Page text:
Refutations of the Arguments for the Belief in God

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Apologetics is the branch of theology devoted to rationalizing religious belief. This is intrinsically difficult, since religious belief is based on faith, which exists independently (and in spite) of evidence. As such, apologists tend to rely on philosophical, metaphysical, and historical arguments. The scholarship of these claims is dubious at best: anecdotes -- even those of anonymous persons -- are uncritically accepted as data; and historical events and scientific theories are intentionally misrepresented to their advantage.

Be aware that Christians are notorious for using intentionally undefined their terms, so they can move the goalposts to suit their needs. Getting clergymen to clearly define their terms is necessary for a proper discussion -- and it automatically grants you a quantum of victory, since defining things limits them.

Again, do not argue with the clergyman. Our strategy is not one of confrontation; but of malicious cooperation. Victory will be determined by the length and fruitlessness of your conversations. Arguing will reveal yourself as a troublemaker, and you will be denied any further opportunity to consume their time, ending your journey. Besides, you can’t directly deconvert a priest; they’re pot-committed. Deconversion and burnout are processes of erosion. However, discussing these issues in front of others can aid in their deconversion processes.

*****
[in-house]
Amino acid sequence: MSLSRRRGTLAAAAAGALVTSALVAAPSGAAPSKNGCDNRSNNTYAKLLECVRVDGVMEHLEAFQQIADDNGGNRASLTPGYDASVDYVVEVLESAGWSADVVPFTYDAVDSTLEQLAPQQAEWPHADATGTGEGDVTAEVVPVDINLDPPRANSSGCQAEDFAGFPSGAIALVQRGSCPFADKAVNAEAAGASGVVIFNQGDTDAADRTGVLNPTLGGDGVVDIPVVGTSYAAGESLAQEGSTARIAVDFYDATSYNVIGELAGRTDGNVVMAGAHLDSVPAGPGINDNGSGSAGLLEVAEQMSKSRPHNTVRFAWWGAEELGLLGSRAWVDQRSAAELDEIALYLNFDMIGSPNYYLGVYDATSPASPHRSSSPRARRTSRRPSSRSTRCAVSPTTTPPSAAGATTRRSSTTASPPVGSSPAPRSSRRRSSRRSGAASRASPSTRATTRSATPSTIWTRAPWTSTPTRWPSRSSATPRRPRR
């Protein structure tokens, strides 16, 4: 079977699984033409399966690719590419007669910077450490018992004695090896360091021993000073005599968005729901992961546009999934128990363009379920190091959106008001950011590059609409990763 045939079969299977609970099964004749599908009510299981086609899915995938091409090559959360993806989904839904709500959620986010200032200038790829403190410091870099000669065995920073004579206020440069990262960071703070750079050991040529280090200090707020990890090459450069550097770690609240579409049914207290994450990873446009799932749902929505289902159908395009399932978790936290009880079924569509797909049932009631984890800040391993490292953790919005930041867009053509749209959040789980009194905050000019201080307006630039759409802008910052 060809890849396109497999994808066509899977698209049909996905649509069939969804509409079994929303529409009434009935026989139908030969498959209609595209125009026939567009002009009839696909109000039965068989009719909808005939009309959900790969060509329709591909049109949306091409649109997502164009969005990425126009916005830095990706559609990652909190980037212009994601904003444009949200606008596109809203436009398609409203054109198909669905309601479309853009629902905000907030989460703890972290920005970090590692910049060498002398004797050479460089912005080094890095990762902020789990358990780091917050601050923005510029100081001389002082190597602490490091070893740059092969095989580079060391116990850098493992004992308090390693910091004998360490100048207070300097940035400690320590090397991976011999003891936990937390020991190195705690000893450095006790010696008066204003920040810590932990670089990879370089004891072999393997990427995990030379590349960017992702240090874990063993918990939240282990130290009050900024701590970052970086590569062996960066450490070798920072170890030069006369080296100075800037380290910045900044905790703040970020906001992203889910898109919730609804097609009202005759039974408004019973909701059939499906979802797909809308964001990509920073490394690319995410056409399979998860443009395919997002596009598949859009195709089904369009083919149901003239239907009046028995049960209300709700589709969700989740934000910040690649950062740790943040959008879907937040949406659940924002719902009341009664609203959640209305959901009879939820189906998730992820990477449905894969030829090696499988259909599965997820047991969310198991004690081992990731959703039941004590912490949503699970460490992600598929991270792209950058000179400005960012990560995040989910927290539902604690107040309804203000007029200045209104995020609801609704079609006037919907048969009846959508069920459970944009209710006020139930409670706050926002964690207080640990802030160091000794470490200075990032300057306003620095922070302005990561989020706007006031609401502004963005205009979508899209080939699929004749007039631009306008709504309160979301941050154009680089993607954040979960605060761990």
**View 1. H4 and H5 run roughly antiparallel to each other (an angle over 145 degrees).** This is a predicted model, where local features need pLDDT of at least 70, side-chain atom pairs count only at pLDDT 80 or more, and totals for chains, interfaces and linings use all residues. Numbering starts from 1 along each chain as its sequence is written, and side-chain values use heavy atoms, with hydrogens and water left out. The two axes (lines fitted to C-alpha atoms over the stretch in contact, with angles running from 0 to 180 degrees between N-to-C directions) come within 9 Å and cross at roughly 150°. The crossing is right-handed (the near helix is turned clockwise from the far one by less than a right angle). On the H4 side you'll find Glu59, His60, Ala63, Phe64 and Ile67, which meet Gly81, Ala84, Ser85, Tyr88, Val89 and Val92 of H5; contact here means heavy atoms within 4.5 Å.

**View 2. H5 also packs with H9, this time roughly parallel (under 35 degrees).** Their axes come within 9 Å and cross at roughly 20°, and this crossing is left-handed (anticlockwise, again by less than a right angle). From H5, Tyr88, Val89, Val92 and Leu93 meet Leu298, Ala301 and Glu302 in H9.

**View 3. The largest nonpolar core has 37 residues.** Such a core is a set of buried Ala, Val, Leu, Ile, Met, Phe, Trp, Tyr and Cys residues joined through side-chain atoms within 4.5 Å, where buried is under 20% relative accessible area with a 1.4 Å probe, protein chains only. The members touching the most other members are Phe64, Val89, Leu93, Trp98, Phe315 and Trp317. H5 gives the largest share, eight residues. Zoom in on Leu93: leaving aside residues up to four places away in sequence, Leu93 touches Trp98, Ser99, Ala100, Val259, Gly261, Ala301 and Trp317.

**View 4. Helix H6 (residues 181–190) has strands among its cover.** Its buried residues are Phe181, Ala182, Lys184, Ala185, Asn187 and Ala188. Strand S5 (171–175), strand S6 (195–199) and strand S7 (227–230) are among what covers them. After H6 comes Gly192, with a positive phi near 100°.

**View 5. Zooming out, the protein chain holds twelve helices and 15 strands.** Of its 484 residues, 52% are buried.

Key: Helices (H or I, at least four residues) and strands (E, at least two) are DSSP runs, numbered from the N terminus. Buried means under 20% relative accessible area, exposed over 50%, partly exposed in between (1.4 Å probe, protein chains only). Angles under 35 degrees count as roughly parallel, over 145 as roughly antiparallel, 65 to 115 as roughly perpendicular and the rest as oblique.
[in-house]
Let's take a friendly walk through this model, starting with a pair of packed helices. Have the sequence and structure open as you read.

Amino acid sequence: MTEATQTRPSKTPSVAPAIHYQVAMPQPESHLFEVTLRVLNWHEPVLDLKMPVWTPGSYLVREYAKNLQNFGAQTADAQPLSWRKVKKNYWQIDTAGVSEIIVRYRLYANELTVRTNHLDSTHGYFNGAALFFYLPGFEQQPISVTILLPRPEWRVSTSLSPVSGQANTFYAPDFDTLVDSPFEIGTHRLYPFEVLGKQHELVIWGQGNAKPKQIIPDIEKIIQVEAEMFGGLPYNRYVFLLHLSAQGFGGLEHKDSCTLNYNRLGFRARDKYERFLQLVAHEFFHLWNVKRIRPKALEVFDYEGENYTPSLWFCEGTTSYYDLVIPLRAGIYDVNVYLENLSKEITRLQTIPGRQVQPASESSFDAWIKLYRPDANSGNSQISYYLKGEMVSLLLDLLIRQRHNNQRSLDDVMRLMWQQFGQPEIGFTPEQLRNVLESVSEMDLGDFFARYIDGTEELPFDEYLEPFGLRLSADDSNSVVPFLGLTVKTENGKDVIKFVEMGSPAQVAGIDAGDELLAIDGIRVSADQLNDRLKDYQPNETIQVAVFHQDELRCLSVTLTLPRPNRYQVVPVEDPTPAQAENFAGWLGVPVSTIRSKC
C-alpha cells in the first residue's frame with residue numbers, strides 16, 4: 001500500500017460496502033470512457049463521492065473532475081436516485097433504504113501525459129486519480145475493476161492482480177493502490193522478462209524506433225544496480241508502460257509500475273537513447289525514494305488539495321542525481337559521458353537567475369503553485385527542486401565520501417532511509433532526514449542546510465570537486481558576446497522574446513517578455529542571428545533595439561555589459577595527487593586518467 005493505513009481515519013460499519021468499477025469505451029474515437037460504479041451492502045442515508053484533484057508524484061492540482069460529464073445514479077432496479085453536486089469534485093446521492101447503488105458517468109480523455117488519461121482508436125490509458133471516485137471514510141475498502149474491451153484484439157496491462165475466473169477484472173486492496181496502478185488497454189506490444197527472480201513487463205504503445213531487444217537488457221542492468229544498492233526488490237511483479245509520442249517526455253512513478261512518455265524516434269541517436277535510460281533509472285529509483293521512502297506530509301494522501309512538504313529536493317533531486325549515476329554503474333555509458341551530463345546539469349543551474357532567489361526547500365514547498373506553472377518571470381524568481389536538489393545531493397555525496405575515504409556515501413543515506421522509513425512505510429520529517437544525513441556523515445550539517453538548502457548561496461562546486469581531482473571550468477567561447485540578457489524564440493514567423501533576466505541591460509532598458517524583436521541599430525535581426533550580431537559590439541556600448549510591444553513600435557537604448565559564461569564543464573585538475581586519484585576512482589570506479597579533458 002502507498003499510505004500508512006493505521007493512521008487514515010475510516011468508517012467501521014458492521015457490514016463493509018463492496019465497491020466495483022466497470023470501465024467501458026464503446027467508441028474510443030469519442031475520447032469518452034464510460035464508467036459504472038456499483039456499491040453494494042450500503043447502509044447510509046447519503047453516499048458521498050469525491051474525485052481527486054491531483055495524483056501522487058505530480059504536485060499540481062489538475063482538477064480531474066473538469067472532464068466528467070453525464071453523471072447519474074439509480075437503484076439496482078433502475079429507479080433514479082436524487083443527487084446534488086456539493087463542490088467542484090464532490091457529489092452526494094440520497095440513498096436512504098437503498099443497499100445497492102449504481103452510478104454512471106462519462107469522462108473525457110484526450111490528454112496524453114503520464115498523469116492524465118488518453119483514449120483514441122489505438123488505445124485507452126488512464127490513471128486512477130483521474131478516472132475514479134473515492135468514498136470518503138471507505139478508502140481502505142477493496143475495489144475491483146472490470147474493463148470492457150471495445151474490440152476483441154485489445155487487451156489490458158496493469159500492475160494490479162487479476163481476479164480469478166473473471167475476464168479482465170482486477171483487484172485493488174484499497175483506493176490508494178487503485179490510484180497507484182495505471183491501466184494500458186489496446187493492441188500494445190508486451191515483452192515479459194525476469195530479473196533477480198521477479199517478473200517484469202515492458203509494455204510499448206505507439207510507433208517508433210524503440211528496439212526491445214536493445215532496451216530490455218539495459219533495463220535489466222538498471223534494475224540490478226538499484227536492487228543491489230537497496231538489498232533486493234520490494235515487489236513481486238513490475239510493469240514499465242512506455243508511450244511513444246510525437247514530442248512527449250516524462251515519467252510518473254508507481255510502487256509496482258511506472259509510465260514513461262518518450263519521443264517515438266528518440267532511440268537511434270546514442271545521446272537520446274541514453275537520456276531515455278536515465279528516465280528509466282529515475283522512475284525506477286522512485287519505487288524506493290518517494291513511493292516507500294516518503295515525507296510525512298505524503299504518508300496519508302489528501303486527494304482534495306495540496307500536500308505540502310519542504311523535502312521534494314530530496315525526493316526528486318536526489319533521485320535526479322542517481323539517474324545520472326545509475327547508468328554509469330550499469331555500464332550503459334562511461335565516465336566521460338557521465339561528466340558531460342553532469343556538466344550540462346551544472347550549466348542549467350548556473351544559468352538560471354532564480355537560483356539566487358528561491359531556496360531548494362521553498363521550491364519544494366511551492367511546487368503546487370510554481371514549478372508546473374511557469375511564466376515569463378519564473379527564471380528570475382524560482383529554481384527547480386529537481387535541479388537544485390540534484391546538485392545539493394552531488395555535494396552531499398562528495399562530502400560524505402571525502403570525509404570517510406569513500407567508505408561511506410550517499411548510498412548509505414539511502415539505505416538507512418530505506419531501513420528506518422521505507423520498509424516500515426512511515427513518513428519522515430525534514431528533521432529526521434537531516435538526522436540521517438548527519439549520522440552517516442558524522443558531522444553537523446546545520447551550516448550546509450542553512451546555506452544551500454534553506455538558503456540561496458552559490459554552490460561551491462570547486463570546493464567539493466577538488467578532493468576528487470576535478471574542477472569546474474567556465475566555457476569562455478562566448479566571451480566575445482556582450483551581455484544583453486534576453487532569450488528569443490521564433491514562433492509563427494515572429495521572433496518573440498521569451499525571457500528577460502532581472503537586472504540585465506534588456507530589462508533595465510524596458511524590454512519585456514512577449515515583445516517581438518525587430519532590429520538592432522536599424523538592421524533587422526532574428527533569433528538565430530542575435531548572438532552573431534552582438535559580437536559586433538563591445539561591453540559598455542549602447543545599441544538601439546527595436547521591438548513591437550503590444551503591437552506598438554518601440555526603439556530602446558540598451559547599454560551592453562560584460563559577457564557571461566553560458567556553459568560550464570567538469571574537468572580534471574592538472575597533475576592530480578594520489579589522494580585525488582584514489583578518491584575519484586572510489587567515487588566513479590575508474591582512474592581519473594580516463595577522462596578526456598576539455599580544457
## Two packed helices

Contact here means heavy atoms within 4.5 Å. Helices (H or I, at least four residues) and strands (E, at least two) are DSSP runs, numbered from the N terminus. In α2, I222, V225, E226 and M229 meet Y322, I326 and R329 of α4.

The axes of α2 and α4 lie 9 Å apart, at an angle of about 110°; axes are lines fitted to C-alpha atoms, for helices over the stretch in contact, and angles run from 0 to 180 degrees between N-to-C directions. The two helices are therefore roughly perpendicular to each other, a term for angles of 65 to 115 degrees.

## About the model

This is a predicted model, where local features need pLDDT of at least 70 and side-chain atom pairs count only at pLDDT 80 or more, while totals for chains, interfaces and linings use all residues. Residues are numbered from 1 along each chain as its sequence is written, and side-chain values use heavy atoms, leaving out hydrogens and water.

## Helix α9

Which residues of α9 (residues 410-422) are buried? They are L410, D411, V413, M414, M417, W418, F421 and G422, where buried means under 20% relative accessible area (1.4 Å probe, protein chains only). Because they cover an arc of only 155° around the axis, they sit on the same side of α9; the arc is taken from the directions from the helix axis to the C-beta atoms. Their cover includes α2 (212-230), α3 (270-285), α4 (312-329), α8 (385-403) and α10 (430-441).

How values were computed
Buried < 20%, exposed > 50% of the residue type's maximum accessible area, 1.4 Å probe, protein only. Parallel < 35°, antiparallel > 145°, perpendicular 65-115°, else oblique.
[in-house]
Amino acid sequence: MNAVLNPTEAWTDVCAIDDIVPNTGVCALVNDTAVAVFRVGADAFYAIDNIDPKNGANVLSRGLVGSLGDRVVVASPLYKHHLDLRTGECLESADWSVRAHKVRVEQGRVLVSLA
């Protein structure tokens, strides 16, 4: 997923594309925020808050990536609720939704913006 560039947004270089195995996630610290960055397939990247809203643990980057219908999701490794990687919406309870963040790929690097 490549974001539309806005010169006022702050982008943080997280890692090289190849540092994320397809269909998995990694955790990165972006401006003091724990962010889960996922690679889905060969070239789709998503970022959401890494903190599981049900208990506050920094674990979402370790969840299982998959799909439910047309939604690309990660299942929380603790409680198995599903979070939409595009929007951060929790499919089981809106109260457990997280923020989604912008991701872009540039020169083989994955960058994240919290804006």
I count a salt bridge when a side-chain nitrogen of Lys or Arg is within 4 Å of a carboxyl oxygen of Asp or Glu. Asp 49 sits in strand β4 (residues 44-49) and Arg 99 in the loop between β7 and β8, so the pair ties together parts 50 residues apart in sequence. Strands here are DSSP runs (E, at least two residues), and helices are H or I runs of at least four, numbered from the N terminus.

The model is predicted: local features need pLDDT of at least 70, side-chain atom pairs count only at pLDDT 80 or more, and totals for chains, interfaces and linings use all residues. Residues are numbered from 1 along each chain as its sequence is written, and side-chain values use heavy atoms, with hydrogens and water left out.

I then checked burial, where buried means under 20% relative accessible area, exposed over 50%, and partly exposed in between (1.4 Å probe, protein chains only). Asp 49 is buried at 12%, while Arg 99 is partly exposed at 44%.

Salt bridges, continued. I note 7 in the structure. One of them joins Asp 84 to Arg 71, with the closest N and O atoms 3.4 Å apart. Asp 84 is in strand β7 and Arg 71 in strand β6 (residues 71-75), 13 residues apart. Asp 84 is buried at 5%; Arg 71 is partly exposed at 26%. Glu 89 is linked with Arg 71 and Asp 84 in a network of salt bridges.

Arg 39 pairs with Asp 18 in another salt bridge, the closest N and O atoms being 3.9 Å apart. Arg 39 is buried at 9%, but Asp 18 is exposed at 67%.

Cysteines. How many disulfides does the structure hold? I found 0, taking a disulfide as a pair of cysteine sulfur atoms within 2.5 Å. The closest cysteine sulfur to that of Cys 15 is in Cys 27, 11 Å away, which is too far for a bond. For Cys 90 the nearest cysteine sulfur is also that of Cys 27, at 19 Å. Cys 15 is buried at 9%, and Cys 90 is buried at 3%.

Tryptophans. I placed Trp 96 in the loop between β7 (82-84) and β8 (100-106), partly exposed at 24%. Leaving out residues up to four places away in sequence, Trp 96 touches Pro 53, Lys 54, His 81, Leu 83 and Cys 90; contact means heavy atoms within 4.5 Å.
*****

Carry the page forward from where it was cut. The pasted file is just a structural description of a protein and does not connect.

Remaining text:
Refutations for the most common arguments for believing in God are provided below. This is not an exhaustive list, but it should be sufficient; most seminarians are not required to study apologetics, and those who do often take a single 3-credit course.